ADPR InsightTop TipsWork 09.04.2024

Developing an effective internal communications plan

Effective internal communications is the lifeblood of an organisation. It’s core purpose is to identify and share company purpose and values, so that everyone is working together towards the same goals. Without effective internal communications you are likely to have a disengaged workforce, which can result in increased employee turnover, poor customer service levels, low motivation, and costly mistakes to your business.

Listen to this episode of our Revitalise & Grow podcast on how to manage change in your organisation for more tips on internal communications and change management. Or check out this episode on the art of internal communications for a deep dive into exactly what we mean when we say internal communications.

Whilst there is no one size fits all approach when it comes to planning an internal communications strategy, the best piece of advice we can give is to take the time to plan and lay the foundations.  Only then can you know what the right course of action should be.

You may like to download our free internal communications planner here and read on for some tried-and-tested tips to get you started.

Developing an effective internal communications plan

Define your purpose (if you haven’t already)

Purpose is the ‘why’ behind your brand and the real reason why your company exists. We all want to feel fulfilled both in life and at work. In order to achieve that at work we need to know that it carries meaning and purpose.

People find meaning when they can see a clear connection between what they highly value and what they spend their time doing. There is a famous fable about purpose that talks about three bricklayers. Someone asks what the bricklayers are doing. The first responds to say that he is laying bricks, the second says he is building a wall, the third says he is building a great cathedral. The third is the most fulfilled and engaged with his work because he can see the vision about how his daily task is contributing to something much bigger.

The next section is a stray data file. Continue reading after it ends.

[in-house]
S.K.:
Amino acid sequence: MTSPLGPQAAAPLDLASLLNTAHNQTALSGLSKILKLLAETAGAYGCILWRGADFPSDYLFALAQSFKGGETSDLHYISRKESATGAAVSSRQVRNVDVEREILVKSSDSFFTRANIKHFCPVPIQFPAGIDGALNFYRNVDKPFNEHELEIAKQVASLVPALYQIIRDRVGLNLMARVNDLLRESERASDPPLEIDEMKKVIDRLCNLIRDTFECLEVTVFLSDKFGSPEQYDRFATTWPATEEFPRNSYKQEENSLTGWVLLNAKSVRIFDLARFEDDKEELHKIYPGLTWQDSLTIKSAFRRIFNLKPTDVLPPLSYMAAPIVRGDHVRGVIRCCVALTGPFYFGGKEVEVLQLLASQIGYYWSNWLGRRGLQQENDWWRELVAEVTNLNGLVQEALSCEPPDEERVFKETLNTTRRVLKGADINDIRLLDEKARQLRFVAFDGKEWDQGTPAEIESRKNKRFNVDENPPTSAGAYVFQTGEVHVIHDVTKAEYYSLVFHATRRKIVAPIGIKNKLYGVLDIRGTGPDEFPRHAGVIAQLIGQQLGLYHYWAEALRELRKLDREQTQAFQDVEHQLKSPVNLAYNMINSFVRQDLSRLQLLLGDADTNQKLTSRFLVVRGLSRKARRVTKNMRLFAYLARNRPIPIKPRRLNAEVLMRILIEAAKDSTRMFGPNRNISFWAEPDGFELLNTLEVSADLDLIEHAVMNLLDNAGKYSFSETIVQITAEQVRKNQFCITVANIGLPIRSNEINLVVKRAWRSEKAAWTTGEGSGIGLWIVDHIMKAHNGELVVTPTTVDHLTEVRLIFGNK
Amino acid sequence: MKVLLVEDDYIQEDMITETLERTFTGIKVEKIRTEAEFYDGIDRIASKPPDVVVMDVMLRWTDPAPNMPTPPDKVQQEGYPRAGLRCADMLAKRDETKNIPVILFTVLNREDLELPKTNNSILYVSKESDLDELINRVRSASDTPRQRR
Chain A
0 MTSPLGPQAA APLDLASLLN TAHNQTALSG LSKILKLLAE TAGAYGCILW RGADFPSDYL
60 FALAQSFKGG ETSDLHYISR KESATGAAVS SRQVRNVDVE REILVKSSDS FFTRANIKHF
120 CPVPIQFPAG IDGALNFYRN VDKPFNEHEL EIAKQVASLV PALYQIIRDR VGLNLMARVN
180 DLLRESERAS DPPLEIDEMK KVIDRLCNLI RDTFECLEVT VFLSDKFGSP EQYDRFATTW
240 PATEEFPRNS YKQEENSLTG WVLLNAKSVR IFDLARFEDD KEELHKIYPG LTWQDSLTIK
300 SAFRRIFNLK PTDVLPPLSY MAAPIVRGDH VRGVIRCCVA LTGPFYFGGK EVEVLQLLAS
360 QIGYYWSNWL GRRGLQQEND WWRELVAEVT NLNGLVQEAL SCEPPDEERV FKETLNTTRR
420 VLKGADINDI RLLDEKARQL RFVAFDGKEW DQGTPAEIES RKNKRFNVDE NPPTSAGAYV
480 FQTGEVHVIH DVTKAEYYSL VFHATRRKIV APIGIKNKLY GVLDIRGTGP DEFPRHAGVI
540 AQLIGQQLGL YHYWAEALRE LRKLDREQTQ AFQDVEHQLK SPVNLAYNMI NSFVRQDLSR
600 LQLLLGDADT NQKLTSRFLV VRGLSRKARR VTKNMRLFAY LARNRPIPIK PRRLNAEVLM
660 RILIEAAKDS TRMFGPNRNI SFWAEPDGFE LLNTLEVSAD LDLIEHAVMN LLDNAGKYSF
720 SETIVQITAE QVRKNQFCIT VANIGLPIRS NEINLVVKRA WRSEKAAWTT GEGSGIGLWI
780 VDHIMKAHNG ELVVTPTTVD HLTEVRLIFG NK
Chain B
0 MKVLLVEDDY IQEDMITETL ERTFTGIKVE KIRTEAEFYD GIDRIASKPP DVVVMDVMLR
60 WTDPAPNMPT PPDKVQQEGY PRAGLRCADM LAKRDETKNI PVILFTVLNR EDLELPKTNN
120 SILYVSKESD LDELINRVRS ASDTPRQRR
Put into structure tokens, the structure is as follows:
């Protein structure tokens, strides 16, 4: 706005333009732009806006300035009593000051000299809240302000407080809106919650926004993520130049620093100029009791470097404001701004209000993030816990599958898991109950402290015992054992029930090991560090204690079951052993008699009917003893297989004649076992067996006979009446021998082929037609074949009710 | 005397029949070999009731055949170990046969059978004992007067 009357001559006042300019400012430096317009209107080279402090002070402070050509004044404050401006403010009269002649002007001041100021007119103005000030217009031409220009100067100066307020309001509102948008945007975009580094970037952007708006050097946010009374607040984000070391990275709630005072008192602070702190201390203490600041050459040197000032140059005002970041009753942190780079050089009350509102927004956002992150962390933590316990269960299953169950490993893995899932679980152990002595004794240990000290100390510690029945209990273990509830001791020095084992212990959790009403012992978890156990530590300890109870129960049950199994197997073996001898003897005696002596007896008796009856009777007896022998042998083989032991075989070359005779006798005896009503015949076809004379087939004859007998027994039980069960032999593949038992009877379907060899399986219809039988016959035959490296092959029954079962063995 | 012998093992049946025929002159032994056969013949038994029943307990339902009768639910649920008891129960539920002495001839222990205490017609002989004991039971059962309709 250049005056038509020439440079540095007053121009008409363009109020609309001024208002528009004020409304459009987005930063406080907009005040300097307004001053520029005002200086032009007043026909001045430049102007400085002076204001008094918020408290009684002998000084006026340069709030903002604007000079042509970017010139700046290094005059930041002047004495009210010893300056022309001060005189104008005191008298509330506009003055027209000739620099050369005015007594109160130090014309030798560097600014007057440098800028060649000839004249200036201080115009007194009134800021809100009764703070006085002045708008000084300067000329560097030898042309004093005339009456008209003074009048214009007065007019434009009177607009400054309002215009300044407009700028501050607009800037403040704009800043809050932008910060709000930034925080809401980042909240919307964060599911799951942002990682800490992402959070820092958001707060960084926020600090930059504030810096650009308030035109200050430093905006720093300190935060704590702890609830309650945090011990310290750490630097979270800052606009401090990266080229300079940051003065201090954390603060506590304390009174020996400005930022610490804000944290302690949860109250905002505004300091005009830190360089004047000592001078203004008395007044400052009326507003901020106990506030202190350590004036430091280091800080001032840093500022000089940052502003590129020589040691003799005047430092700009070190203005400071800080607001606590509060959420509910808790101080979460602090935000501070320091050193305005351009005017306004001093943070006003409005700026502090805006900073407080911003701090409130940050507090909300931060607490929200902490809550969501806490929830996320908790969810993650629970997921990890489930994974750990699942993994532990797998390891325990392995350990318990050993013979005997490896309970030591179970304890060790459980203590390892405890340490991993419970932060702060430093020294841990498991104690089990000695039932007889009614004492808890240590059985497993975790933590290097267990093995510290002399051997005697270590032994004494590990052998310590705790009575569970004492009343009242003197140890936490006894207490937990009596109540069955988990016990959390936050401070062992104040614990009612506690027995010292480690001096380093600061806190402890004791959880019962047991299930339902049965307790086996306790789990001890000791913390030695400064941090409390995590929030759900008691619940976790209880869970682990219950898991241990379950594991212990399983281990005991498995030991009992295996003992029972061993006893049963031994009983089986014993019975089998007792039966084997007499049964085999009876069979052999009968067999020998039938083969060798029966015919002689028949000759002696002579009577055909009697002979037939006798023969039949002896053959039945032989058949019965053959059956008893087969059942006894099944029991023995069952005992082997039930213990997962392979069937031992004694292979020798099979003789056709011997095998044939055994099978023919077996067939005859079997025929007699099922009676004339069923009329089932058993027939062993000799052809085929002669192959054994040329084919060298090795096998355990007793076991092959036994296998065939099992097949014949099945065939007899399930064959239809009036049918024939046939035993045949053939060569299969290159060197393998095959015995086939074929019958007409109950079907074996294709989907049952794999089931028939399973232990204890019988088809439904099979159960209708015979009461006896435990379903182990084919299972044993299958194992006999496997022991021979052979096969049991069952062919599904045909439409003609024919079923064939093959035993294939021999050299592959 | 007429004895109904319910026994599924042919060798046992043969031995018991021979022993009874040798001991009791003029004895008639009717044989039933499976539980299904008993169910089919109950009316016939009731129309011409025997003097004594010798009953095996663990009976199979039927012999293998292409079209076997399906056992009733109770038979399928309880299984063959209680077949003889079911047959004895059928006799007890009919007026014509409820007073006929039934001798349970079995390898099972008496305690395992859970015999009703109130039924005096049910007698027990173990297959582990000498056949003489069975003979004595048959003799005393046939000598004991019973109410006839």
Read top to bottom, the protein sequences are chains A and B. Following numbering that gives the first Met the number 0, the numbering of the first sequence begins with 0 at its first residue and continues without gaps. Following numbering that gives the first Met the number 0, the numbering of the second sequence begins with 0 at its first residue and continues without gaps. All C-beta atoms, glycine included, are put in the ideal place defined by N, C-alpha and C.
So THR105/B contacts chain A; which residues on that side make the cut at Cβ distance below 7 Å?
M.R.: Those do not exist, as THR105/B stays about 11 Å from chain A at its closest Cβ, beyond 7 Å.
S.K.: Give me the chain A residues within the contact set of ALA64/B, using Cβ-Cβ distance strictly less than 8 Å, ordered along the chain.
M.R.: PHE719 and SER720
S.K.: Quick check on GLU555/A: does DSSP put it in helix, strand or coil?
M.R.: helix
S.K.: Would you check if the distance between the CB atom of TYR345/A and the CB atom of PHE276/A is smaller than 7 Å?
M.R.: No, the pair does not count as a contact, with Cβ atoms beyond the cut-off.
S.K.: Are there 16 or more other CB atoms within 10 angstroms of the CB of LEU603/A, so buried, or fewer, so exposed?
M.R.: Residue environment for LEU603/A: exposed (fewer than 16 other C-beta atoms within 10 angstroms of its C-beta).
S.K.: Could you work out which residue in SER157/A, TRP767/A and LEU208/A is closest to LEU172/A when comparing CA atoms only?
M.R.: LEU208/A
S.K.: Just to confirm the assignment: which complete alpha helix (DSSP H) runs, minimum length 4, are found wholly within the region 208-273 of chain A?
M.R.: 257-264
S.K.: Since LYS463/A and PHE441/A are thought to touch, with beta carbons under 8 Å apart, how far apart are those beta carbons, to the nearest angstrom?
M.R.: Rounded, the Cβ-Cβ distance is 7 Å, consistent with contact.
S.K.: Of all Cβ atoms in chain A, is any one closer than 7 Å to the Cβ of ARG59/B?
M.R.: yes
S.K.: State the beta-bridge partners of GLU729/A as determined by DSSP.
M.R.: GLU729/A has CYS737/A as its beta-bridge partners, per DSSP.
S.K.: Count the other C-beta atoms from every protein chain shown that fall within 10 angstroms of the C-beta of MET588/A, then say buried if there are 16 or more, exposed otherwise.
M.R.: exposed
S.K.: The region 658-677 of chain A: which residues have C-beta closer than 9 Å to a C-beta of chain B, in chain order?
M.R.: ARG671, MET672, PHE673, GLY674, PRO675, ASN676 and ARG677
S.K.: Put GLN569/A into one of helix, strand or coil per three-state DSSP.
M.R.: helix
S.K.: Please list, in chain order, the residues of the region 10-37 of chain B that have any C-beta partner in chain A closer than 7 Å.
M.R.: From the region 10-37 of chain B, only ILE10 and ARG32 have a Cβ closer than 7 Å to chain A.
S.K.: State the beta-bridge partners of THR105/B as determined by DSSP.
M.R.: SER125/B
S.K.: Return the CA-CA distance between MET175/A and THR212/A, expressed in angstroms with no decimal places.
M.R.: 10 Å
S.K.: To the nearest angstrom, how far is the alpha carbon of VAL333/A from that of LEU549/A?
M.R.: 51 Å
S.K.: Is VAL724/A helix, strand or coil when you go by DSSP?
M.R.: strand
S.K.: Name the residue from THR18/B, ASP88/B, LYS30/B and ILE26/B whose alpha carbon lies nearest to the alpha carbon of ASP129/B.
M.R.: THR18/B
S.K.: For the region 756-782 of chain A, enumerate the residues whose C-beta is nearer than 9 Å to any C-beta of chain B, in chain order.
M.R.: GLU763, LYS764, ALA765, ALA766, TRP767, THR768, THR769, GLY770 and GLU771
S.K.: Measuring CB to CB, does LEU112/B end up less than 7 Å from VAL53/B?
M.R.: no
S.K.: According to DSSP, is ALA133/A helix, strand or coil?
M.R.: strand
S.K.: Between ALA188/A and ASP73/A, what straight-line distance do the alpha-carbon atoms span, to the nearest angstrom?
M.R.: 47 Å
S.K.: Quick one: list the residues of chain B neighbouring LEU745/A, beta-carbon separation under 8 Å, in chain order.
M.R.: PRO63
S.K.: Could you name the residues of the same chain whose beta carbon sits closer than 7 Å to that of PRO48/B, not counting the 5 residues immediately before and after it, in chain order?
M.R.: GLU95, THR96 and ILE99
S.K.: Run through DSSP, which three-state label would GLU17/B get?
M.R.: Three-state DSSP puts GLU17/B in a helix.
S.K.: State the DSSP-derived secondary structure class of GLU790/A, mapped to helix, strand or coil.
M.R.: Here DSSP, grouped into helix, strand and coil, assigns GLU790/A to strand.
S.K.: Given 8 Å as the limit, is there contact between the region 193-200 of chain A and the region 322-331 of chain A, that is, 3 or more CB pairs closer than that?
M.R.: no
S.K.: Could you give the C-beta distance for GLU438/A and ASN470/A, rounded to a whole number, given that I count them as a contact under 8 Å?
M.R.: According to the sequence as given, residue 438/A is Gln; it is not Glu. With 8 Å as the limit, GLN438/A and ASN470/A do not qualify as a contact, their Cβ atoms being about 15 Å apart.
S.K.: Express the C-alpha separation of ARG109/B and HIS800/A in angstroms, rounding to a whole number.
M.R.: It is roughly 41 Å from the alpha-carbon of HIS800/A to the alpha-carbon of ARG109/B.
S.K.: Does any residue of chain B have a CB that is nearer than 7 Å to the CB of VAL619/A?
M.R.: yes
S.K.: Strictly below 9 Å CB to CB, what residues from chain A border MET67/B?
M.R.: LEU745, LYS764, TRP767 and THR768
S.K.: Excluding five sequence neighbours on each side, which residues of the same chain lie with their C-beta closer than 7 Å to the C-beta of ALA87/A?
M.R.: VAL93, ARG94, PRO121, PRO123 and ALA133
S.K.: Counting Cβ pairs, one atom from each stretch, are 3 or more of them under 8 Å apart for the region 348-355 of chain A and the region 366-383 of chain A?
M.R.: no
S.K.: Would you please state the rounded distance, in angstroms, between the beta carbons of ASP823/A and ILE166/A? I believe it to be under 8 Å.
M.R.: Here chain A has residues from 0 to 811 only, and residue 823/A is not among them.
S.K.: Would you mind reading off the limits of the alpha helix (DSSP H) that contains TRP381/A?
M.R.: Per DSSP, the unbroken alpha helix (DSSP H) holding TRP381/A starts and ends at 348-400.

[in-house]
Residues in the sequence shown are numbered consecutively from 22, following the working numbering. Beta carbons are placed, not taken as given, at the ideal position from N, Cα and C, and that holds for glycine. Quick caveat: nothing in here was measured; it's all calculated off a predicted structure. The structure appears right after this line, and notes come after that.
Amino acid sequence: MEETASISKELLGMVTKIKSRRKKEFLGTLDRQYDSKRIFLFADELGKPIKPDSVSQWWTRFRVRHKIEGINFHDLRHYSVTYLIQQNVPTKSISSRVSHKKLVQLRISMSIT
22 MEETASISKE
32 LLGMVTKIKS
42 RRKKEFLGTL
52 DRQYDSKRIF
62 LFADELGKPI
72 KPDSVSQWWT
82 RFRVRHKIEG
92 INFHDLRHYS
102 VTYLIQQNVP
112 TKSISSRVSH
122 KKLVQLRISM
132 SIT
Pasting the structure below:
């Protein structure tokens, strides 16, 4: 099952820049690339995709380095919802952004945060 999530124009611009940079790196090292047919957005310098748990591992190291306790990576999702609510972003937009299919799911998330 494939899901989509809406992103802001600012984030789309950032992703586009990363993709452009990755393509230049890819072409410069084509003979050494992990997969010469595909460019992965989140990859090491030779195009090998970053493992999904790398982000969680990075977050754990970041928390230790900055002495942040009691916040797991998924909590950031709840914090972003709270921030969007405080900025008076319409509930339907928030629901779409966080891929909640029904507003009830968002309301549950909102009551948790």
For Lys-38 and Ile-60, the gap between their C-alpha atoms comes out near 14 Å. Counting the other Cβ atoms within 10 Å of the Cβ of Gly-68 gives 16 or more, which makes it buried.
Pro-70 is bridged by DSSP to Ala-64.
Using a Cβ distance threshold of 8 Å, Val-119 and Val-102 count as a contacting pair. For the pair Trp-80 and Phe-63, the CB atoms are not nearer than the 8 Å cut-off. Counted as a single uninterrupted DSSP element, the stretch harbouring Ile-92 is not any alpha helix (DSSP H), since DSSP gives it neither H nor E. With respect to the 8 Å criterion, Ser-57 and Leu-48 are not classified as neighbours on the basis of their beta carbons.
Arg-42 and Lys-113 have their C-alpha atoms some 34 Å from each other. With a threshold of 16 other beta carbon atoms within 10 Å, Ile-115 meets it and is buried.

If you don’t have a purpose within your organisation, here is a good place to start:

  1. Involve your team – ask your team to communicate what they think the purpose of the company is. If your team contribute to this process, they will feel part of the process and will champion it.
  2. Ask yourself or your team – what is the passion behind your goals? Why does your company exist? What are you great at?
  3. Don’t over think or over complicate things. Create a short, simple statement with an authentic message that will be easy for everyone in the organisation to remember.

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Audit – find out where you are now

It is critical to understand what your starting point is and to deal with facts rather than assumptions. Never assume that your work force are engaged.

A good indicator would be to conduct a staff survey. You can do this in a number of ways, but the most important thing to remember is that your staff may not feel comfortable discussing the issues or challenges they are facing with your culture. To get the best results use a third party provider to conduct a completely anonymous survey.

Once you have the results from your team survey you should easily be able to see where you need to make improvements. These areas will help you to create your SMART objectives.

For example – your survey has shown that 60% of your staff don’t feel that they’re being listened to. This is clearly an area that you’ll want to resolve so an objective might be to have 80% of your staff feel they’re being listened to in six months’ time. Only once you have the objective can you work out the tactics to resolve the problem. You will easily be able to measure the success of your activity from the scores you get when you repeat your team survey.